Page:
Ireland“Significant investment in maintaining standards will be vital if more assessment methods are used for the Leaving Certificate, TDs and senators have heard. Lewis Purser, Irish Universities Association director of academic affairs, told the Oireachtas Education Committee that good practice of teachers regularly assessing their students is often sacrificed by the preparation required for the Leaving Certificate’s high-stakes format …” (more)

[Niall Murray, Irish Examiner, 7 March]

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Education Committee to discuss continuous assessment for State Examinations

Posted in Teaching on March 6th, 2018 by steve

Ireland“The Committee on Education and Skills will focus on continuous assessment for State Examinations at its meeting on Tuesday, 6 March 2018. Attending the meeting are: representatives from the Association of Secondary Teachers Ireland (ASTI); Teachers’ Union of Ireland (TUI); Union of Students in Ireland (USI); and the National Parents’ Council Post-Primary …” (more)

[Houses of the Oireachtas, 6 March]

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Snow means no classes #sneachta

Posted in Teaching on February 28th, 2018 by steve

Ireland“With the whole country shutting down and joking about bread for sale on Donedeal, it was inevitable that NCI would close too because of the bad weather. Many of our students travel long distances to College and it would have been unfair to expect them to attend lectures. Classes for Thursday and Friday are also cancelled. Interestingly, online classes are cancelled too …” (more)

[Careful With That Axe, Eugene, 28 February]

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Sherkin arts course saved after grant aid is doubled

Posted in Teaching on February 28th, 2018 by steve

Ireland“A unique arts course on an island off the south-west coast has been saved after Cork County Council said it would double grant aid to keep it afloat. The council has been supporting the BA in visual arts on Sherkin Island in recent years and has provided it with grant aid in excess of €140,000 during that time …” (more)

[Sean O’Riordan, Irish Examiner, 28 February]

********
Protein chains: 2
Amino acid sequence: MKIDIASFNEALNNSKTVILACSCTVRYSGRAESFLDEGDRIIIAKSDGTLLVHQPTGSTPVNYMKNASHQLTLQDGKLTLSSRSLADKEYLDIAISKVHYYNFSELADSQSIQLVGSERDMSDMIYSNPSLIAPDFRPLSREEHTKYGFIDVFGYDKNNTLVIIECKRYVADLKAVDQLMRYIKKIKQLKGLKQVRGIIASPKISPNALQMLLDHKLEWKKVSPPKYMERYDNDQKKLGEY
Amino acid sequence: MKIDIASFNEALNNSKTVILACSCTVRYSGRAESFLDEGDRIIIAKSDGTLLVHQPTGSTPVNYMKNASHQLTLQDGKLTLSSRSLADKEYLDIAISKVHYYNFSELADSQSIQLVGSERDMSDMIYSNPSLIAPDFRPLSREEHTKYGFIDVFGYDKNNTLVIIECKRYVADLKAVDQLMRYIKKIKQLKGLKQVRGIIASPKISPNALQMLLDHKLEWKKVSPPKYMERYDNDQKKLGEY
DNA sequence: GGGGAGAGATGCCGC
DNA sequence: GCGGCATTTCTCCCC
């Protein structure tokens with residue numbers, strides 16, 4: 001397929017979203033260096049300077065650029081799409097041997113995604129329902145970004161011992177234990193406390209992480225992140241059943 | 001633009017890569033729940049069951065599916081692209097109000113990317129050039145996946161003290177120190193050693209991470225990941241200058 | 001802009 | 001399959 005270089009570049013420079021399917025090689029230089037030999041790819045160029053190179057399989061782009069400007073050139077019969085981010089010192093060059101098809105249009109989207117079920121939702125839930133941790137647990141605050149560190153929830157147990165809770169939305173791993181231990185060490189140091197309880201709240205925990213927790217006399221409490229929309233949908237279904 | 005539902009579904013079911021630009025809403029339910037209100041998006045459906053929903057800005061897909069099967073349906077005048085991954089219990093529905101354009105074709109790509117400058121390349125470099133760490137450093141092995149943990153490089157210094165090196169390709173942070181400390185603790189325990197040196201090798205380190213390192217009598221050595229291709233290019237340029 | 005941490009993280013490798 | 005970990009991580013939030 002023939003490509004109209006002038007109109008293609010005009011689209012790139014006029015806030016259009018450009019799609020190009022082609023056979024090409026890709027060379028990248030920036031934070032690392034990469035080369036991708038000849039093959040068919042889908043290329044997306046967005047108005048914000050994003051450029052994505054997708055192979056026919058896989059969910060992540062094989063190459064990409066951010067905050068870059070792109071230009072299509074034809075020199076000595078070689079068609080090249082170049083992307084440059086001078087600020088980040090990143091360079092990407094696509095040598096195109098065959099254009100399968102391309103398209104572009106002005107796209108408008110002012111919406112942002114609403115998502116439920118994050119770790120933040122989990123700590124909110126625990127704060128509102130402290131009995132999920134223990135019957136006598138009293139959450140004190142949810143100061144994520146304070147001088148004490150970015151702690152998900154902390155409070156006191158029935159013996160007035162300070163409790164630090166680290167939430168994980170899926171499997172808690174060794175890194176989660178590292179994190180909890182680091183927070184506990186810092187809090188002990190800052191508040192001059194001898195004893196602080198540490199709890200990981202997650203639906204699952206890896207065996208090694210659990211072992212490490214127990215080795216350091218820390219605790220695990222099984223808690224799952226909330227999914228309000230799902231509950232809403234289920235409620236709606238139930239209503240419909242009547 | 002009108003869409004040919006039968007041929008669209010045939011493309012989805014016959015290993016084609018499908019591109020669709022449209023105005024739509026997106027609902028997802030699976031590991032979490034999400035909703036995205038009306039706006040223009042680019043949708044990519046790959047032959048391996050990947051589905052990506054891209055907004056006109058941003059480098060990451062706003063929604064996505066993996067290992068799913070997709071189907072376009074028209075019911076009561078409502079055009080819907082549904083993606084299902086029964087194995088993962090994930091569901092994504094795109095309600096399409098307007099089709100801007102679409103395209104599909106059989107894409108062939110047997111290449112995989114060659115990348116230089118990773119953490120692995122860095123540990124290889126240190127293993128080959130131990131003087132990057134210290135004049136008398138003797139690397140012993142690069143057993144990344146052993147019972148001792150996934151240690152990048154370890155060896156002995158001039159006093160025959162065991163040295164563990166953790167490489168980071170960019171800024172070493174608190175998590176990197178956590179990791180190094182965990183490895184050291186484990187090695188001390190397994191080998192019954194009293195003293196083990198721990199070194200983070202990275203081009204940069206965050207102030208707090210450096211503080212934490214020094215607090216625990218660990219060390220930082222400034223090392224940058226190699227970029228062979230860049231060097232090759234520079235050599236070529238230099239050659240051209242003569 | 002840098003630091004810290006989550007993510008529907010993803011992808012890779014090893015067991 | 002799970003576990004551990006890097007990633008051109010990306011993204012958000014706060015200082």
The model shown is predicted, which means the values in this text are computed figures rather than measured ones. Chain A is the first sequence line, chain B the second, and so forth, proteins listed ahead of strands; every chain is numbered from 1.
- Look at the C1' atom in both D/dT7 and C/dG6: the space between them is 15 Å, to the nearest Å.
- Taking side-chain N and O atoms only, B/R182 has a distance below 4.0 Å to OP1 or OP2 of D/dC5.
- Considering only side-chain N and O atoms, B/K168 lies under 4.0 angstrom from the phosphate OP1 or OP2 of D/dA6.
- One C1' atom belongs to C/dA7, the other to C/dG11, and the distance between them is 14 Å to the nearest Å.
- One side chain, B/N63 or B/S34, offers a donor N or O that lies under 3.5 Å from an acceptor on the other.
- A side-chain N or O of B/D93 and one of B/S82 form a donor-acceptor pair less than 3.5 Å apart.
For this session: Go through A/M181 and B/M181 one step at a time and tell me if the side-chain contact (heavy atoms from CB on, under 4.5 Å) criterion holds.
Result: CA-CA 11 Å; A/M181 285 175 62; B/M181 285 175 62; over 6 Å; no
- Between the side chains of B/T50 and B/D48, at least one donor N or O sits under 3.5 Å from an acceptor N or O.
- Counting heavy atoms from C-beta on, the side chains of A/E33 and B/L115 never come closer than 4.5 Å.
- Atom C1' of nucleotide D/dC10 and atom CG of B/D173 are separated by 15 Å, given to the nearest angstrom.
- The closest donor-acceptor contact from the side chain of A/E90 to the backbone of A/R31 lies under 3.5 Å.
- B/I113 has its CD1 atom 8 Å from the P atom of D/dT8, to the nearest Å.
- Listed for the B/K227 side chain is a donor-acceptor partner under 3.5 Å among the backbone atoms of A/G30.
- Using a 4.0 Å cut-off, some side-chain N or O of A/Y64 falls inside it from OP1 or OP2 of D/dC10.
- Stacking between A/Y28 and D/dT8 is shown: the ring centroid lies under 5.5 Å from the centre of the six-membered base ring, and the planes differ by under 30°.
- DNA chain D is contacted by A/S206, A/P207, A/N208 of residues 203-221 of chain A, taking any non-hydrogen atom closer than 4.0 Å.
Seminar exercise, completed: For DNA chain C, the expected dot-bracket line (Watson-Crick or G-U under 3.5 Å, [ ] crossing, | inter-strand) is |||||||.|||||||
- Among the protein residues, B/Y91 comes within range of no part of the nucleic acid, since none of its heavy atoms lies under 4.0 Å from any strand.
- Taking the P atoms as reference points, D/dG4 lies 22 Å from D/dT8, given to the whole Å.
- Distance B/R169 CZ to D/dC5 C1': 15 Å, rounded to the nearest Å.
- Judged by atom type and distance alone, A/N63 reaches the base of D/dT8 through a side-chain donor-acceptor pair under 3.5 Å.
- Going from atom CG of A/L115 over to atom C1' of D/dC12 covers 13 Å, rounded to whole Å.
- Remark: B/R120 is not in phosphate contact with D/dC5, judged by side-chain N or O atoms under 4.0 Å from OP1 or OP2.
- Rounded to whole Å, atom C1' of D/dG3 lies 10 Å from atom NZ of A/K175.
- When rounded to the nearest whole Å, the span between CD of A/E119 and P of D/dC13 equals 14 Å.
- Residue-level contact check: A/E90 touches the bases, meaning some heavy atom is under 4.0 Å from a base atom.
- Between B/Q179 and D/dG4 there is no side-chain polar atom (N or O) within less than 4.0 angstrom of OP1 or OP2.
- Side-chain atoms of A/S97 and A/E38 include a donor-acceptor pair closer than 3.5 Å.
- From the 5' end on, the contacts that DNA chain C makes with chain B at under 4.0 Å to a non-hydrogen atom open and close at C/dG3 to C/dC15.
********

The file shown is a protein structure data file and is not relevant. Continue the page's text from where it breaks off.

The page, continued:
Minister Bruton announces first schools to study PE as Leaving Certificate subject

Posted in Teaching on February 26th, 2018 by steve

Ireland“The Minister for Education and Skills, Mr Richard Bruton TD today announced that schools across the country will be partaking in the first phase of the implementation of the new Physical Education for Senior Cycle programmes. 80 schools will implement either the examinable Physical Education Leaving Certificate subject or the new Senior Cycle Physical Education Framework which is not for examination, or both …” (more)

[, 23 February]

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Leaving Cert reform is overdue

Posted in Teaching on February 26th, 2018 by steve

Ireland“A chara, – I believe we are underestimating the impact technology is going to have on our daily lives over the coming decades. For this reason, I would love that when students graduate from secondary school that they would be knowledgeable in plenty of subjects, fearless, entrepreneurial and open minded …” (more)

[Jason Power, Irish Times, 26 February]


Leaving Cert review to focus on easing ‘points race’ pressure

Posted in Fees, access and admissions, Teaching on February 20th, 2018 by steve

Ireland“A major review of the Leaving Cert which gets under way on Tuesday is to examine ways of easing the ‘points race’ and better preparing students for alternatives to university such as apprenticeships. Ireland currently has the highest proportion of school-leavers in the EU who progress to third level. By contrast, far fewer students here follow more vocational routes …” (more)

[Carl O’Brien, Irish Times, 20 February]

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End of the line for the Leaving Cert?

Posted in Teaching on February 20th, 2018 by steve

Ireland“Is the Leaving Cert fit for purpose for the 21st century? It’s a question being regularly asked against the backdrop of a world where the skills required for workplace are changing fast. The must-have career attributes to future-proof today’s school-leavers, according to the World Economic Forum, include creativity, problem-solving and critical thinking …” (more)

[Peter McGuire, Irish Times, 20 February]

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Trinity College Dublin to offer degrees in conjunction with US university

Posted in Teaching on February 16th, 2018 by steve

Ireland“Trinity College Dublin is to offer degrees for the first time in conjunction with Columbia University in New York in the arts and humanities. It is the first international partnership of its kind for Trinity, where students will spend two-year periods in both universities and receive degrees from both institutions …” (more)

[Carl O’Brien, Irish Times, 16 February]

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Trends in higher education

Posted in Teaching on February 12th, 2018 by steve

Ireland“Sir, – James O’Sullivan raises some reasonable points about recent trends in higher education, notably an apparent emphasis on ‘skills’ (‘Universities have become like Ikea – just follow the instructions’, Education Opinion, February 7th). There is a suggestion in his column that these trends are driven by neoliberal politicians aided by armies of faceless administrators …” (more)

[Greg Foley, Irish Times, 12 February]